Saw this on Lifehacker today.
The Phishing IQ test offers up ten different emails, then asks you to determine whether each email is legit or a phishing fraud. From InternetNews:
According to data from e-mail security firm MailFrontier, only 4 percent of users can spot a phished e-mail 100 percent of the time. That’s a very sobering thought as the holiday season is upon us and Americans flock online for their shopping needs.
The test is… well, kind of tricky. Some are obvious, but it’s a guarantee that you’ll scratch your head, totally paranoid, wondering whether all the emails are frauds and you’re being made a complete fool of.
MailFrontier Phishing IQ Test II [via InternetNews]
I got 10/10 correct, so that puts me in the 4% group. How’d I get so good? Here’s a couple of things I look for:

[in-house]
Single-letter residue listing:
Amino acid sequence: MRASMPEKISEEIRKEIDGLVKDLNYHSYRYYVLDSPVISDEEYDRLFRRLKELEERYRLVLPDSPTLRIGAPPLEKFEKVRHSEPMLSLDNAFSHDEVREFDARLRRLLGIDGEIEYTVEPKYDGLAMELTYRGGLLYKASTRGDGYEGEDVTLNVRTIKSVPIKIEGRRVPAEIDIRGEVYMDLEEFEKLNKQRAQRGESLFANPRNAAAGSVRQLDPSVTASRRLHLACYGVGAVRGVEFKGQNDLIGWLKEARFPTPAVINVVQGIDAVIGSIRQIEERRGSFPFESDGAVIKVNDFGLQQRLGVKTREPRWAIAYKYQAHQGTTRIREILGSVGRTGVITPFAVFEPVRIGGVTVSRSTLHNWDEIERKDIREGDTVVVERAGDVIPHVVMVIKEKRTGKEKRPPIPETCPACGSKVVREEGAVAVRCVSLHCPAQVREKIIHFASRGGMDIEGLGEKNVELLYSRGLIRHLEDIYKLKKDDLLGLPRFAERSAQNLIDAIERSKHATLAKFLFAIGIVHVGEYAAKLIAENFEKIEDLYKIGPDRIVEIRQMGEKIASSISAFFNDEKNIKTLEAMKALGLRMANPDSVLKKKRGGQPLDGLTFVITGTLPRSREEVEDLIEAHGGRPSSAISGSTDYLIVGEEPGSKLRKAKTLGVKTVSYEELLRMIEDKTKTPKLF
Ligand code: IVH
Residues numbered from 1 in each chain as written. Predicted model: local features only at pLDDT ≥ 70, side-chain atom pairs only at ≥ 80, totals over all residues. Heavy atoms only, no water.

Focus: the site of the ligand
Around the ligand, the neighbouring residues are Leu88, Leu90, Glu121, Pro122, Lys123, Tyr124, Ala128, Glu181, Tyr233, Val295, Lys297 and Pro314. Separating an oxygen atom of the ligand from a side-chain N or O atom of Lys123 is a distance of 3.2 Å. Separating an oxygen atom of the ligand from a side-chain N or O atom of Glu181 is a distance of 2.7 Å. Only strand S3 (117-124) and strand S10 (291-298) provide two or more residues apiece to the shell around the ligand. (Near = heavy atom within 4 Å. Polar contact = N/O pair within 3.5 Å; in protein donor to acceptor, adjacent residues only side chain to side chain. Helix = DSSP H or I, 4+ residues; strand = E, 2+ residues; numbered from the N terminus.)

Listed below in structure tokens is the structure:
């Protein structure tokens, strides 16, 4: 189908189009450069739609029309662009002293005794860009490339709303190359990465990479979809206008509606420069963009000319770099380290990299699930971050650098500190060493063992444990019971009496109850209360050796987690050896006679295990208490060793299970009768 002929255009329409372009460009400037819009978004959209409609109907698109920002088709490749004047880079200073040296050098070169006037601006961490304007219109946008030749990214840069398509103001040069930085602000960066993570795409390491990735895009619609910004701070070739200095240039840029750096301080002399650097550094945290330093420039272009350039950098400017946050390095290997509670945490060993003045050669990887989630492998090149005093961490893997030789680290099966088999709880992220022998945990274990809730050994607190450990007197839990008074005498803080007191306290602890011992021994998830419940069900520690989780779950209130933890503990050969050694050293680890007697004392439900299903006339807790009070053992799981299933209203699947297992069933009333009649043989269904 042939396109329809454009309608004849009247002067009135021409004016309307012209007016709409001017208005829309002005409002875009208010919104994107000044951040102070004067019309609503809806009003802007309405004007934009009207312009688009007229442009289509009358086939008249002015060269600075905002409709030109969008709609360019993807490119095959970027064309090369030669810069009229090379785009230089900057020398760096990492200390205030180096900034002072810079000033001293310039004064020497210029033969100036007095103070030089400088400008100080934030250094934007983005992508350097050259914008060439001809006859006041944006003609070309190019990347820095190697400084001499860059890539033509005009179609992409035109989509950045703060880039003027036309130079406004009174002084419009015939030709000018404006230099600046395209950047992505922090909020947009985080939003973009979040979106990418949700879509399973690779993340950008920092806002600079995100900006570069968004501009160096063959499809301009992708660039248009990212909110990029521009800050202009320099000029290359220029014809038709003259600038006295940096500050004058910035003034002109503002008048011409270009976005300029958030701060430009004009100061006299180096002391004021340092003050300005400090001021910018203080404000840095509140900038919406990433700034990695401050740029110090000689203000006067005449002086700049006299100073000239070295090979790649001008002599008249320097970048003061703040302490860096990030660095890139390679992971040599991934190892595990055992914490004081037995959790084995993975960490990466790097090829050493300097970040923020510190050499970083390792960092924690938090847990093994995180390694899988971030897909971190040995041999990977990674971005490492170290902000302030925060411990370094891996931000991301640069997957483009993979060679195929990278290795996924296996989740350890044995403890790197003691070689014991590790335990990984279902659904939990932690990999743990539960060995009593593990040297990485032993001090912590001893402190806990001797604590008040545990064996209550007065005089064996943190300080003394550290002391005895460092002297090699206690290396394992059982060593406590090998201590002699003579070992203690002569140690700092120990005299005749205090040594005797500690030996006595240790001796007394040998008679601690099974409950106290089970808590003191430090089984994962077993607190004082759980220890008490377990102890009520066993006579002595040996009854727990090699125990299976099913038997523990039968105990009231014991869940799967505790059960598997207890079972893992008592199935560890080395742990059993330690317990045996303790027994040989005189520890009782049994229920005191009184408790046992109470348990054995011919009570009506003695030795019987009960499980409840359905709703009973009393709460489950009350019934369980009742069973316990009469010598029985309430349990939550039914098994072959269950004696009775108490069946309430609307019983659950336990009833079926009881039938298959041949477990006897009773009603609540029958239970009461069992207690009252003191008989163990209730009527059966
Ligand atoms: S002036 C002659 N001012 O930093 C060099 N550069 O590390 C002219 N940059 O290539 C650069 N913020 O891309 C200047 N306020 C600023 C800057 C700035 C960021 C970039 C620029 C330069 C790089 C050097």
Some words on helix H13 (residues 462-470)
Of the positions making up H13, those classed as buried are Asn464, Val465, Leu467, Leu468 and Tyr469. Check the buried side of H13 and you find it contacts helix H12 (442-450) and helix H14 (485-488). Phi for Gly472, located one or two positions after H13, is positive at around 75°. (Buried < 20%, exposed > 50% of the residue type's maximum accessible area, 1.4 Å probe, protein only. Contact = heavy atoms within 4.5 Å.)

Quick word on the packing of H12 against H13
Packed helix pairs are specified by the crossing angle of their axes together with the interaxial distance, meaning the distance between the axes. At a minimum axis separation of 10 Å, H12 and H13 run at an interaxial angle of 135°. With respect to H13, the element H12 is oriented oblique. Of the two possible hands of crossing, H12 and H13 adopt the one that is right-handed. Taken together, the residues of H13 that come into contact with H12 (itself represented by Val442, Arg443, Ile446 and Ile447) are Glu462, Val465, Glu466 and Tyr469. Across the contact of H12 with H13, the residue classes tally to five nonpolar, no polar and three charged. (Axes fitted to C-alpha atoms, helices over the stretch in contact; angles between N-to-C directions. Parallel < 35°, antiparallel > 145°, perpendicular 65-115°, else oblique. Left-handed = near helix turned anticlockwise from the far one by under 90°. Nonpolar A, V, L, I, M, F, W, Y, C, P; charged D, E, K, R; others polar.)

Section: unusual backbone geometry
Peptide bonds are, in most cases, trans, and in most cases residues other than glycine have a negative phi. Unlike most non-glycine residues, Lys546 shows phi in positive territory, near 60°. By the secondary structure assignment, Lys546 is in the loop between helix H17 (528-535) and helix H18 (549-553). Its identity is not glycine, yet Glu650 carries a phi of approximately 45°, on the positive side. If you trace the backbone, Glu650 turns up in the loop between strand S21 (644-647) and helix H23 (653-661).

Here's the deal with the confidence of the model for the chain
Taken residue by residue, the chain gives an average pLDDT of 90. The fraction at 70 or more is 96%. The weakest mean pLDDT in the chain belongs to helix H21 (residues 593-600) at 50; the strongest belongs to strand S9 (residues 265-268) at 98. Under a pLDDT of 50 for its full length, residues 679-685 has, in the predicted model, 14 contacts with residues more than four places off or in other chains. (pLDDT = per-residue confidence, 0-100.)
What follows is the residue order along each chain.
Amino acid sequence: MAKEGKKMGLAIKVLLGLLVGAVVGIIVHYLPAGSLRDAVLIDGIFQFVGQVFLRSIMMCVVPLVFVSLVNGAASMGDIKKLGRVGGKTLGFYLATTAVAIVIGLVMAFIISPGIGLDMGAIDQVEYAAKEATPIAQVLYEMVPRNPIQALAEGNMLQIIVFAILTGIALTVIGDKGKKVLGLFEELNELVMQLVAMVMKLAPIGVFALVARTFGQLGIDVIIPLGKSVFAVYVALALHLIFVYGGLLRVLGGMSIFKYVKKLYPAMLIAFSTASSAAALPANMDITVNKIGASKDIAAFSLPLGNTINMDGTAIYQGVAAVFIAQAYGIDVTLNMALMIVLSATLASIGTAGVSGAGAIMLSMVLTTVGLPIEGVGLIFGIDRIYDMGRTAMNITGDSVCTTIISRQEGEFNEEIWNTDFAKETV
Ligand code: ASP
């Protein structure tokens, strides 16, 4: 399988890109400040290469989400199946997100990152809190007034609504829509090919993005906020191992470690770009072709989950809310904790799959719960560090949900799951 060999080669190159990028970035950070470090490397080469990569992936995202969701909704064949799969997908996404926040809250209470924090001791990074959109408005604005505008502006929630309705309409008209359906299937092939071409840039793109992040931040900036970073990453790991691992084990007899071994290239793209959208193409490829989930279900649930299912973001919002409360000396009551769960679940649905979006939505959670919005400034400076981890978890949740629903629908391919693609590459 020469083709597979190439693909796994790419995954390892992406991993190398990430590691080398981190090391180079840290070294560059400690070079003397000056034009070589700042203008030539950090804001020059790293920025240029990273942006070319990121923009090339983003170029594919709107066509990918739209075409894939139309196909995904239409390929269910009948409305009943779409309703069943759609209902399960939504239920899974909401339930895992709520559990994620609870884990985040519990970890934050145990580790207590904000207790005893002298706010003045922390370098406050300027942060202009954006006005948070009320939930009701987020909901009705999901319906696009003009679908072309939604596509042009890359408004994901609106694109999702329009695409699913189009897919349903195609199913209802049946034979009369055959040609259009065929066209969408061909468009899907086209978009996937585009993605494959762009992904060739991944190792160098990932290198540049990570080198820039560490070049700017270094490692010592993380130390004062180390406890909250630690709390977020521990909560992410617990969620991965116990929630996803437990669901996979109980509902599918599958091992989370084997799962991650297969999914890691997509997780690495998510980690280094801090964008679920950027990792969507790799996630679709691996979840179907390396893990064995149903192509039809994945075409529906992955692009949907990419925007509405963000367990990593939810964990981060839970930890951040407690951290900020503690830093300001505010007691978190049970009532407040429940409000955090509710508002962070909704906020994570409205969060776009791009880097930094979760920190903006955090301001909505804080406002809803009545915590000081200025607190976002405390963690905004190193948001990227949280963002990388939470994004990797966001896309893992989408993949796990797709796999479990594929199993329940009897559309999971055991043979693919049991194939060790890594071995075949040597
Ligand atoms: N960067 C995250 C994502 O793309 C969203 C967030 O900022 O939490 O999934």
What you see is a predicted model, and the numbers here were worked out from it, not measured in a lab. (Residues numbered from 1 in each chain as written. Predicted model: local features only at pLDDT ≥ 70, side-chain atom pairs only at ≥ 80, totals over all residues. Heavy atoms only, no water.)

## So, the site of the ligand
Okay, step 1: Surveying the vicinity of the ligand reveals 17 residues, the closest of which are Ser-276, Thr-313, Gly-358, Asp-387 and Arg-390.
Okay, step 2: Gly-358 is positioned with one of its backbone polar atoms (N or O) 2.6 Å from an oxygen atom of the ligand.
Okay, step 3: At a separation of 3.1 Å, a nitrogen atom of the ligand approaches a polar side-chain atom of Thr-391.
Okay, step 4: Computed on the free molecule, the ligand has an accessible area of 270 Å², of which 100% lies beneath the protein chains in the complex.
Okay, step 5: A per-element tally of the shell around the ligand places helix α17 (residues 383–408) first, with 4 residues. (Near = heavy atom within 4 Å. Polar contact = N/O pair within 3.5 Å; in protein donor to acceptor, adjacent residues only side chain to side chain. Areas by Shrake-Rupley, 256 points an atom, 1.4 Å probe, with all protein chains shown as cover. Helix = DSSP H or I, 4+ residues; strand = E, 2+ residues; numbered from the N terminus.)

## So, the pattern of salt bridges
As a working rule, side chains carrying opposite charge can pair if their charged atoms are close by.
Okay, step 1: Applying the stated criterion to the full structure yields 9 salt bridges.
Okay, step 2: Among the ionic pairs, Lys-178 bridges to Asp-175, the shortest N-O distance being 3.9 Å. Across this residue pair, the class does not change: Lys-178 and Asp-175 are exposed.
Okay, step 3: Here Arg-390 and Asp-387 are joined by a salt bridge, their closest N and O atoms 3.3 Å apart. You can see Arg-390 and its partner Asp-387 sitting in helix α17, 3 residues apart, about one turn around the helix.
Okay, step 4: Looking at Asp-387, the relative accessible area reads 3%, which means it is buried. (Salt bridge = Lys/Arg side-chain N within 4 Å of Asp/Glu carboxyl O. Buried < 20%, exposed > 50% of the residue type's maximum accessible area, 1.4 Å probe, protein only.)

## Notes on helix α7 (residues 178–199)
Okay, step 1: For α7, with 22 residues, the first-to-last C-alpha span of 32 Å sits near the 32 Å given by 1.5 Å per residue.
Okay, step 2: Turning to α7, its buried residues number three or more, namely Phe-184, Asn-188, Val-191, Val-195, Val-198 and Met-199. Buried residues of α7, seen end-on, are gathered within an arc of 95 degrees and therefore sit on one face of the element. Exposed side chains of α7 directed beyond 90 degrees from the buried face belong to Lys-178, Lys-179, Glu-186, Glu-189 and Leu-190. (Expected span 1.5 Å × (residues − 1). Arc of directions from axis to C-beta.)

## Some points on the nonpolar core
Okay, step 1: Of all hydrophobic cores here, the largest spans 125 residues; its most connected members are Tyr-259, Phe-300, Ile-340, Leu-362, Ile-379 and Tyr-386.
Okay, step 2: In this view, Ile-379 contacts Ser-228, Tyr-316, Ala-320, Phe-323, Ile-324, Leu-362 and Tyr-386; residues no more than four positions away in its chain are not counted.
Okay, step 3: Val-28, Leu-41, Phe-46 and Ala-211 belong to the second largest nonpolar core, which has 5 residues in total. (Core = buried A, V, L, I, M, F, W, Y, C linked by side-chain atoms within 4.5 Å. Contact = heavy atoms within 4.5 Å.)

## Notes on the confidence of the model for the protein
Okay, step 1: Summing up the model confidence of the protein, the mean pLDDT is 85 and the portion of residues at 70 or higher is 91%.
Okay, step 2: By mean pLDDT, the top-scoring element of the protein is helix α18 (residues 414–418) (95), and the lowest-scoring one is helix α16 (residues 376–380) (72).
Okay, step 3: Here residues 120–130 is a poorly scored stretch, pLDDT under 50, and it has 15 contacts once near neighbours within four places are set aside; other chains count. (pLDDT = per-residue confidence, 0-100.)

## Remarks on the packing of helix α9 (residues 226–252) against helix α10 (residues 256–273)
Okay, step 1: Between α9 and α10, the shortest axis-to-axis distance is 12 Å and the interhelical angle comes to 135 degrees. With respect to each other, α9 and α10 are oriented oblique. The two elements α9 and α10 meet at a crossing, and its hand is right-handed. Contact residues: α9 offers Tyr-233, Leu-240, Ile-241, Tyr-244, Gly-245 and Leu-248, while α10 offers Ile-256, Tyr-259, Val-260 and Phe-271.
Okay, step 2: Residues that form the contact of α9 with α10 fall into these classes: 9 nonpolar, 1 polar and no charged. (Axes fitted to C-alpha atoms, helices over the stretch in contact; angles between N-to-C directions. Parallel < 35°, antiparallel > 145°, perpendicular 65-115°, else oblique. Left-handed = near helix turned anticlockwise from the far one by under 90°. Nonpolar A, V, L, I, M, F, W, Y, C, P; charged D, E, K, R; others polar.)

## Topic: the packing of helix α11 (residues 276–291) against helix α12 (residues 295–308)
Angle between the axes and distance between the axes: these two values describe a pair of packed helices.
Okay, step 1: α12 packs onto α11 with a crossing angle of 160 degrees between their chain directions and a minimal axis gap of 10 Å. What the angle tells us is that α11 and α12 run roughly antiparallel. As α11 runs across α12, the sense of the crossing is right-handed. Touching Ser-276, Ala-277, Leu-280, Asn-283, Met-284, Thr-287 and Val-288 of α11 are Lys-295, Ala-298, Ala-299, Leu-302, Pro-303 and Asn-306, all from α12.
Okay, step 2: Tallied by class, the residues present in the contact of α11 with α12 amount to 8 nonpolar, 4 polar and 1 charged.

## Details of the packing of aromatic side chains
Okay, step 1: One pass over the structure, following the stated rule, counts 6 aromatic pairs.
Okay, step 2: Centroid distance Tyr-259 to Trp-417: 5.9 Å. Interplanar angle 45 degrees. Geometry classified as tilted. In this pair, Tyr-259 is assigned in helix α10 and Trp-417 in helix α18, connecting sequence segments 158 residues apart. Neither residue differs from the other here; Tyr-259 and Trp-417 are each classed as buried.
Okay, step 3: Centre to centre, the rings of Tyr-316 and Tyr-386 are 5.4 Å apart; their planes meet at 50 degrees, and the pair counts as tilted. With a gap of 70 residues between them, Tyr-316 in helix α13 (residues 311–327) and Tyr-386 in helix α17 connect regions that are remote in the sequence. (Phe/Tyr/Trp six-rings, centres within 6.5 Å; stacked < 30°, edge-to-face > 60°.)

- Does the email use my first and last name? Most legitimate companies will, especially eBay and PayPal.
- If the email contains a link, where does it point to? Links should always start with standard company URL. Links to PayPal should always start with http://www.paypal.com, not something else, like http://www.signupaccount.com.
- How’s the grammar/spelling? You’d be surprised how many phishing sites don’t run spell/grammar check.
- Are they asking for information that they should already have? If a bank or website loses your information, you probably shouldn’t be doing business with them to begin with. Companies ALWAYS have backups and
shouldwill never ask for it. NEVER EVER!
Hope those tips help. If you find something that you think is a phishing scam and really have no idea, feel free to forward it to me and I’ll take a look at it.
[tags]Lifehacker, phishing, tips, suggestions[/tags]0